width=368LOS ANGELES (Reuters) - Television audiences who thought the ladies of Desperate Housewives were troubled haven't seen anything yet.

When ABC premieres its new sitcom Hank during the season that starts in September, the show's out-of-work CEO joins a growing list of American male characters taking extreme measures to cope with recession, unemployment, housing troubles and soaring medical costs.

Leading characters are doing things that a generation ago would never have been the activities of the protagonist of a TV show, said Robert Thompson, professor of television and popular culture at Syracuse University.

You could argue that when you have lost your job, the last thing in the world you want is to watch TV about people losing their jobs. But as it's a recession, TV executives think people want to see stuff about relevant issues, so they develop these kind of shows, Thompson said.

On Hank, Wall Street big shot Hank Pryor (Kelsey Grammer) loses his job, sells his fancy New York apartment, moves to Virginia and must learn to make his own toast.

He follows in the footsteps of high school basketball coach Ray Drecker on HBO's new series Hung, who finds himself divorced, broke and homeless, so he reluctantly decides to market himself as a gigolo to keep from having to live in a small tent on the grounds of his burned-down house.

And then there is chemistry teacher Walt White in critics' darling Breaking Bad on AMC, who suffers from terminal cancer and faces massive medical bills, so he uses his chemistry skills to cook up and sell the drug crystal meth.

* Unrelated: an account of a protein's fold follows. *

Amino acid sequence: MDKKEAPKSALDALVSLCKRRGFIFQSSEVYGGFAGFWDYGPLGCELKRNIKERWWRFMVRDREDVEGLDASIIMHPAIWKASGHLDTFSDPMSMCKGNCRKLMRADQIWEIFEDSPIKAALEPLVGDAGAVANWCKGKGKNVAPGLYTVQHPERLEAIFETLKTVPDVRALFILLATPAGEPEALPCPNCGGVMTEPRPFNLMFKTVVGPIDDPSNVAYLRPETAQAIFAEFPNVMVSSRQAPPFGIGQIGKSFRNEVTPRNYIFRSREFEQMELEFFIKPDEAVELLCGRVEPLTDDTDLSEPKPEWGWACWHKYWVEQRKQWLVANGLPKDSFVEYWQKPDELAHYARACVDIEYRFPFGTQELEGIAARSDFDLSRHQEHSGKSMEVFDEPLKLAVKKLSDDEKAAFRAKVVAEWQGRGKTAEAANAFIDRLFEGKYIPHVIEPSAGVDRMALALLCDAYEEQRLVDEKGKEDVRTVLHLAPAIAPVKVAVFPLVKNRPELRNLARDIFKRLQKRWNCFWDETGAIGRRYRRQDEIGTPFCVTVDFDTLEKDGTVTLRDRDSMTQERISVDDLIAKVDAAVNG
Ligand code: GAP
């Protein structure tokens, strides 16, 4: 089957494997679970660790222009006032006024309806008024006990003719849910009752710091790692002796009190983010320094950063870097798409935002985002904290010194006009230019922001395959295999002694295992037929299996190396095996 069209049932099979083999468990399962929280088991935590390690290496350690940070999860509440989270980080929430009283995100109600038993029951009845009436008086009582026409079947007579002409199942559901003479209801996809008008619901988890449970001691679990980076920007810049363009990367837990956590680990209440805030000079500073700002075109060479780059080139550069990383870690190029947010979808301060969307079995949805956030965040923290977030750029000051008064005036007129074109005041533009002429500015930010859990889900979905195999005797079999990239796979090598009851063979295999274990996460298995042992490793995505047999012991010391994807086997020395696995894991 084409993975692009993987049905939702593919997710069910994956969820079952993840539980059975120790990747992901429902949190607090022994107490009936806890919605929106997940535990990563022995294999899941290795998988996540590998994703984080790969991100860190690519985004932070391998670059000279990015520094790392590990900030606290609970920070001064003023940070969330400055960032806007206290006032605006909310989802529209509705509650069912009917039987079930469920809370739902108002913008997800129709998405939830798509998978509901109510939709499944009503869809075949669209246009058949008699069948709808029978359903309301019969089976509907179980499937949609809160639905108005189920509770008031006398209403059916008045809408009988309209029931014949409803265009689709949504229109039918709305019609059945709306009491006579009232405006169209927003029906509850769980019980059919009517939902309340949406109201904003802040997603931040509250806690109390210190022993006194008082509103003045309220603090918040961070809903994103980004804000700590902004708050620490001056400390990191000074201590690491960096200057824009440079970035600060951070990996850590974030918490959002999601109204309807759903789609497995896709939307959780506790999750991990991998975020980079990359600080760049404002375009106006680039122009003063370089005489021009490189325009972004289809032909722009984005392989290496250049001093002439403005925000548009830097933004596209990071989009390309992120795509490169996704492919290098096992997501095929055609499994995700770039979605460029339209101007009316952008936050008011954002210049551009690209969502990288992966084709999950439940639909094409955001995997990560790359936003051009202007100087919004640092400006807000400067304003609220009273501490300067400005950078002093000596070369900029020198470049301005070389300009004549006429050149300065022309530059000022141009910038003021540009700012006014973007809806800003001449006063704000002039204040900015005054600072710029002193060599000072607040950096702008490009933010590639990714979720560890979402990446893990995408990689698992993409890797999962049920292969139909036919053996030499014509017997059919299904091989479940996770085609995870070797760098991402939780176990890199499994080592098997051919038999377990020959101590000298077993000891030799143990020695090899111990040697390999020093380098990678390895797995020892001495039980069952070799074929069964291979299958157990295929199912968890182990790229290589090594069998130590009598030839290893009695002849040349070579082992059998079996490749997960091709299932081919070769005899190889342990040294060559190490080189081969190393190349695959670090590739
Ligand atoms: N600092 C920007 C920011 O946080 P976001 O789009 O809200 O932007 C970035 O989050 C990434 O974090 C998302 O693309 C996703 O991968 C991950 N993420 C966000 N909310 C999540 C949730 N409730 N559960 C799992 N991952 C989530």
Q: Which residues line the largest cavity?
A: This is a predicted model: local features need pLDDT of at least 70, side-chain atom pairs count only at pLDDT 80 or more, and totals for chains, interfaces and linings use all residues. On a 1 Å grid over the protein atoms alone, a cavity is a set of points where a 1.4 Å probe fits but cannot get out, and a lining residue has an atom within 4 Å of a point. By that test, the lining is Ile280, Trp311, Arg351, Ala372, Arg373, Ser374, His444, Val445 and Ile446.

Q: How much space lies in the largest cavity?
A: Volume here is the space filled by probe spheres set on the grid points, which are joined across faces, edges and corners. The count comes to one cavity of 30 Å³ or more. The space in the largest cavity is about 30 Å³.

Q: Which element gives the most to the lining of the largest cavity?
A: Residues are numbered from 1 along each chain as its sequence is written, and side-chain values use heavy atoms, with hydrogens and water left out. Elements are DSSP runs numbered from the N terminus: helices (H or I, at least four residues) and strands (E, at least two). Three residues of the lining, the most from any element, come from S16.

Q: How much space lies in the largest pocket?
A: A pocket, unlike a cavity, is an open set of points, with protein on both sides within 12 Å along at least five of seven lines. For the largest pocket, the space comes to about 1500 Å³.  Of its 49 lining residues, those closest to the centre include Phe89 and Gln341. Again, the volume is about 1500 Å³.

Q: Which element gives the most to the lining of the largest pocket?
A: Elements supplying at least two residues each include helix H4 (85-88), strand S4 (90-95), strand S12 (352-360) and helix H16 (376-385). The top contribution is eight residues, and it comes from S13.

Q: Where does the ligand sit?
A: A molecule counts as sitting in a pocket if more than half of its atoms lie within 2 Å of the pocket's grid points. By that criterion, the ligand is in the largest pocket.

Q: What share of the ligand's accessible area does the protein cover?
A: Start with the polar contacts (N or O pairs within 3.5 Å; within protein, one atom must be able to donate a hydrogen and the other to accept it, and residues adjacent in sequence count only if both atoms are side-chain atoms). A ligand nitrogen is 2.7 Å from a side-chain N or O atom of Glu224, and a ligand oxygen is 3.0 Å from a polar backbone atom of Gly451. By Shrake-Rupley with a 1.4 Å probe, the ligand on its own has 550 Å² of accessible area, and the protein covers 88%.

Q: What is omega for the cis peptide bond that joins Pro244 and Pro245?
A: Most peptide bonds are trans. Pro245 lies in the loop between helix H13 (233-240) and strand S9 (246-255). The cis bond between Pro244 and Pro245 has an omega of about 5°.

I think the story is very relatable in this economic climate where people find themselves without health insurance, without a job, and wondering what they are going to do and how they are going to provide for their family, said actor Bryan Cranston, who won an Emmy for playing Walt after the show's first season last year.

But being entertainment on television, the shows are not all doom and gloom. Both Hung and Breaking Bad have elements of dark comedy that transcend their bleak premises, and Hank is a traditional 30-minute sitcom starring Grammer of award-winning Frasier fame.

Creator Tucker Cawley said Hank was inspired by the failure last year of consumer electronics retailing giant Circuit City, which was for decades a family-run business.

We will be touching on riches-to-rags things. But Kelsey's character doesn't look on the new situation as something people should feel sorry about. It's the kind of old-fashioned American optimism with which he views the world which hopefully will be appealing, Cawley said.

Grammer's character loses his maids, his yacht, his sub-zero fridge and his king-size bed, along with his blissful ignorance about the basic tasks of human existence.

These are the kinds of things you can deal with in comedy. A sitcom about a big shot like Kelsey Grammer's character who is now having to make his own toast can really be therapeutic, said pop culture watcher Thompson.

(Editing by Bob Tourtellotte and Will Dunham)